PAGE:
The Beaufort Symphony Orchestra and music’s rising young stars help drive each other to greater levels of excellence. It’s not an easy life for young soloists as they reach their late teens and young adulthood, explains Conductor Fred Devyatkin, the Beaufort Symphony Orchestra’s Musical Director.
The proficiency they had at age eight or eleven is no longer a novelty. Now they are seen as adults and now they actually need to make a living. They find themselves in competition with long established big names represented by management companies.
The established soloists command fees that are well beyond what a small-town symphony like Beaufort’s could begin to afford. There is a silver lining to this story however, that benefits everyone concerned. For those like Maestro Devyatkin, that are willing to put in the many weeks and months of searching that it takes, they sometimes come across that one undiscovered yet extraordinary young soloist who is on the verge of greatness. Fred reaches out to his extensive music world contacts across the globe, talking with other conductors, former teachers and mentors.
Recently, Devyatkin scoured countless hours of video recordings from regional piano competitions to find eighteen-year-old Nadia Azzi, the featured piano soloist for this season’s Warsaw to Paris concert. The conductor usually begins with an idea for the concert, which sometimes changes. Devyatkin approached Nadia about performing a Grieg piece. To Fred’s delight, Azzi, known for her extraordinary finger technique, asked if Chopin or Prokoviev, both more complicated and technically challenging, might be possible. “This is the kind of thing that causes a great deal of excitement among the Beaufort Symphony musicians,” the conductor reports, “and motivates us to achieve unexpected levels of performance.”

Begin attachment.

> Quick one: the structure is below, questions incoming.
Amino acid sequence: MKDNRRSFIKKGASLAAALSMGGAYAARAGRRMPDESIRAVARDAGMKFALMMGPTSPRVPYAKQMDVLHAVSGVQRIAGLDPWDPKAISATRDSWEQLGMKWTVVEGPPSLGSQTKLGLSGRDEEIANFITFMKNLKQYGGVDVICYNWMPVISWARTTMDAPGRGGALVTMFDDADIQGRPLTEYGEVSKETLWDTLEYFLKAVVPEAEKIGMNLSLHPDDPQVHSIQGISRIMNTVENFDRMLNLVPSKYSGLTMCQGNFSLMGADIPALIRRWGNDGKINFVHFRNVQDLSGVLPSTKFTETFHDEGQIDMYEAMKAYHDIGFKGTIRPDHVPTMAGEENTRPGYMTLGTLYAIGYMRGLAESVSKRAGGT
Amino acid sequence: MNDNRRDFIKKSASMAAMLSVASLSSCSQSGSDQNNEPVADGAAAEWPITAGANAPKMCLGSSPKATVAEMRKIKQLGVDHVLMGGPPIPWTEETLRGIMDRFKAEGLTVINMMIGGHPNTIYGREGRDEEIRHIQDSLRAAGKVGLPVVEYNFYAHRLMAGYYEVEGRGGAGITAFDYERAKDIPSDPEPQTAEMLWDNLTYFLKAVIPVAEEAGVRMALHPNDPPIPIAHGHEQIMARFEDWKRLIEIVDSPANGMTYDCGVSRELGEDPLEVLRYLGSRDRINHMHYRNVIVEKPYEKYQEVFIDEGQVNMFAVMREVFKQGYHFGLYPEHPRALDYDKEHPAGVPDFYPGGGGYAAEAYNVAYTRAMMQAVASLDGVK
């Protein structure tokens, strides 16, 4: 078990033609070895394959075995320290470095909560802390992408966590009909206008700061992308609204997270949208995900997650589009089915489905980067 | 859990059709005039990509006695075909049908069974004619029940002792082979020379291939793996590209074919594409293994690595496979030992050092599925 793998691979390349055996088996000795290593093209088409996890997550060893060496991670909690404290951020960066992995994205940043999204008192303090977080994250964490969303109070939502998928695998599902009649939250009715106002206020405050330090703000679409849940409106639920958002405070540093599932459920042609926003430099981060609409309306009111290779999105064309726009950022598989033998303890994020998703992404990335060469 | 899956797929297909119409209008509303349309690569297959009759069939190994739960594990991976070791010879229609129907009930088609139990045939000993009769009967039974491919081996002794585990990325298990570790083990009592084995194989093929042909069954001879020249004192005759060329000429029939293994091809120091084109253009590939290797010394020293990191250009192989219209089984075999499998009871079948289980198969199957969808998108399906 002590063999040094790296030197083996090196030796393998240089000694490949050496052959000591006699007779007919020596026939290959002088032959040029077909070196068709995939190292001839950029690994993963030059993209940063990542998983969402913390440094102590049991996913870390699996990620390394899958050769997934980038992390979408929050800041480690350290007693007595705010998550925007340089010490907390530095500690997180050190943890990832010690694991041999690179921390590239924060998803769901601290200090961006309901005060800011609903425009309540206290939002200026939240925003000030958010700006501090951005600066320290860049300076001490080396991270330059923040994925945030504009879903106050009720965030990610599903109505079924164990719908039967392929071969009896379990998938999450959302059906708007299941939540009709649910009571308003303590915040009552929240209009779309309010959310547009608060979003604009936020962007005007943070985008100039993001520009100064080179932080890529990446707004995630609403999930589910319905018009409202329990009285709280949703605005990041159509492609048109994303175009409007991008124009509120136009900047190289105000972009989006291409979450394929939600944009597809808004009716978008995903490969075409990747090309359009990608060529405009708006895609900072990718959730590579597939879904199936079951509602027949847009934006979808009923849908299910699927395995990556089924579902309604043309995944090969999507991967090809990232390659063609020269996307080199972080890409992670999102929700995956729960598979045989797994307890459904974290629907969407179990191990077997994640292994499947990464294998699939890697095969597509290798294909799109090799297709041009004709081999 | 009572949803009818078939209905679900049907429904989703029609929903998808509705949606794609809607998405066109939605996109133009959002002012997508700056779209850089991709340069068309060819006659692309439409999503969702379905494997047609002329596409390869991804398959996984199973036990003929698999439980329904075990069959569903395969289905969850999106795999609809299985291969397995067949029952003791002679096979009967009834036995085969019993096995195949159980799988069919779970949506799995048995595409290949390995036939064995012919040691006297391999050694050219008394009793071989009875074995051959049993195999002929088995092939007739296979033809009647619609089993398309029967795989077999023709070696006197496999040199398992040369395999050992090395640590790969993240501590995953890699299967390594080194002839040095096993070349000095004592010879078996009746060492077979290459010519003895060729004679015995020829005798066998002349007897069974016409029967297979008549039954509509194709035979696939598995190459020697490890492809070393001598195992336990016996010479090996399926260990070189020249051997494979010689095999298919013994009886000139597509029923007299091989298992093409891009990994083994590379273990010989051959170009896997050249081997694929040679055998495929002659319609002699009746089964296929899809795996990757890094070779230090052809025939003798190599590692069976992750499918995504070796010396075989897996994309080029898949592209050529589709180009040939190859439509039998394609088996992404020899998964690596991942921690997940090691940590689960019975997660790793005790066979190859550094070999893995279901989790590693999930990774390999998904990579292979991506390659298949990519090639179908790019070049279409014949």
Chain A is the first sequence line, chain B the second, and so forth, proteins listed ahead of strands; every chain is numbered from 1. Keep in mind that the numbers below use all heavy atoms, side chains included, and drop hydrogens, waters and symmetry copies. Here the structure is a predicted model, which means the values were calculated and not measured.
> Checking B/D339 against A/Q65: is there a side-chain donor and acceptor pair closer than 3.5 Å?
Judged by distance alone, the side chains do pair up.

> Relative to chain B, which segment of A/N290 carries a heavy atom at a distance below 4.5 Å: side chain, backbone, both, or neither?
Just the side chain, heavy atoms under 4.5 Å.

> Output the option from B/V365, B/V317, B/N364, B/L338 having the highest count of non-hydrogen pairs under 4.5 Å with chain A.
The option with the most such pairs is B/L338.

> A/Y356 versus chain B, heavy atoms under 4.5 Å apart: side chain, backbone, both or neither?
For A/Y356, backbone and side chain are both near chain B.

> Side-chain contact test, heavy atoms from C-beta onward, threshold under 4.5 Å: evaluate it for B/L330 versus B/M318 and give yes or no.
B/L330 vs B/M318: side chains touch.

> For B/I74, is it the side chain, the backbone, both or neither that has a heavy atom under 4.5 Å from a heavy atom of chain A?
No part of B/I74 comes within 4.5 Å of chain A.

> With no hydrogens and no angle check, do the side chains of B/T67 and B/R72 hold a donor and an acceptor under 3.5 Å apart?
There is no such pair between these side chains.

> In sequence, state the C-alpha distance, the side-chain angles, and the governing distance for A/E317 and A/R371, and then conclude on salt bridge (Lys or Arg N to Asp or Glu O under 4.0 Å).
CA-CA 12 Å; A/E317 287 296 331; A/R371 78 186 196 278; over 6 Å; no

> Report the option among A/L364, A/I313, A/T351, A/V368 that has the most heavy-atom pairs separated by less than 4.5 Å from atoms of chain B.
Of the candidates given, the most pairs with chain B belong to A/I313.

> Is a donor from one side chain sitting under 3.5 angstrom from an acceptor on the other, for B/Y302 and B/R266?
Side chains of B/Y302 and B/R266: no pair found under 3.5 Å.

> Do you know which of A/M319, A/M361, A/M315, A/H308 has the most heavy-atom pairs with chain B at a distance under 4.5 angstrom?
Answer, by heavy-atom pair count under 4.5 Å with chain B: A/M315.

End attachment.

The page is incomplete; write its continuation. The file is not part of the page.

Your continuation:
“Some of the young soloists are so good,” Devyatkin tells us, “that if you put them behind a screen and had them play alongside the thirty to fifty thousand dollars a performance big name soloists, you couldn’t tell the difference.” Twenty-year-old cellist, Irena Josifoska, is another of the Beaufort Symphony’s 2016-17 season soloists. The conductor found her through a fellow conductor and former teacher. Irena displays a stunning appetite for both her instrument and her music and plays with an uncommon liveliness and color. She was the featured soloist in the Dvorak Devotion concert this past February.
It is a win -win for everyone. The rising young stars come away with a paid performance on their resume and a video of the performance that is often better quality than anything they have had before. The excitement and challenges of playing with these genuine prodigies has continually elevated and improved the Beaufort Symphony Orchestra’s stature and level of performance. Newcomers to the Beaufort area from larger cities with better-known (and significantly better-funded) orchestras are often stunned when they finally get talked into attending a concert. “Hey, these folks are good!”
The Beaufort Symphony Orchestra’s next concert is From ‘Warsaw to Paris,’ Nadia Azzi soloist, on May 11 and 14, at Sea Island Presbyterian Church on Lady’s Island in Beaufort. Ticket information is available at beaufortorchestra.org.
Concerts are funded in part by the SC Arts Commission which receives support from the National Endowment for the Arts.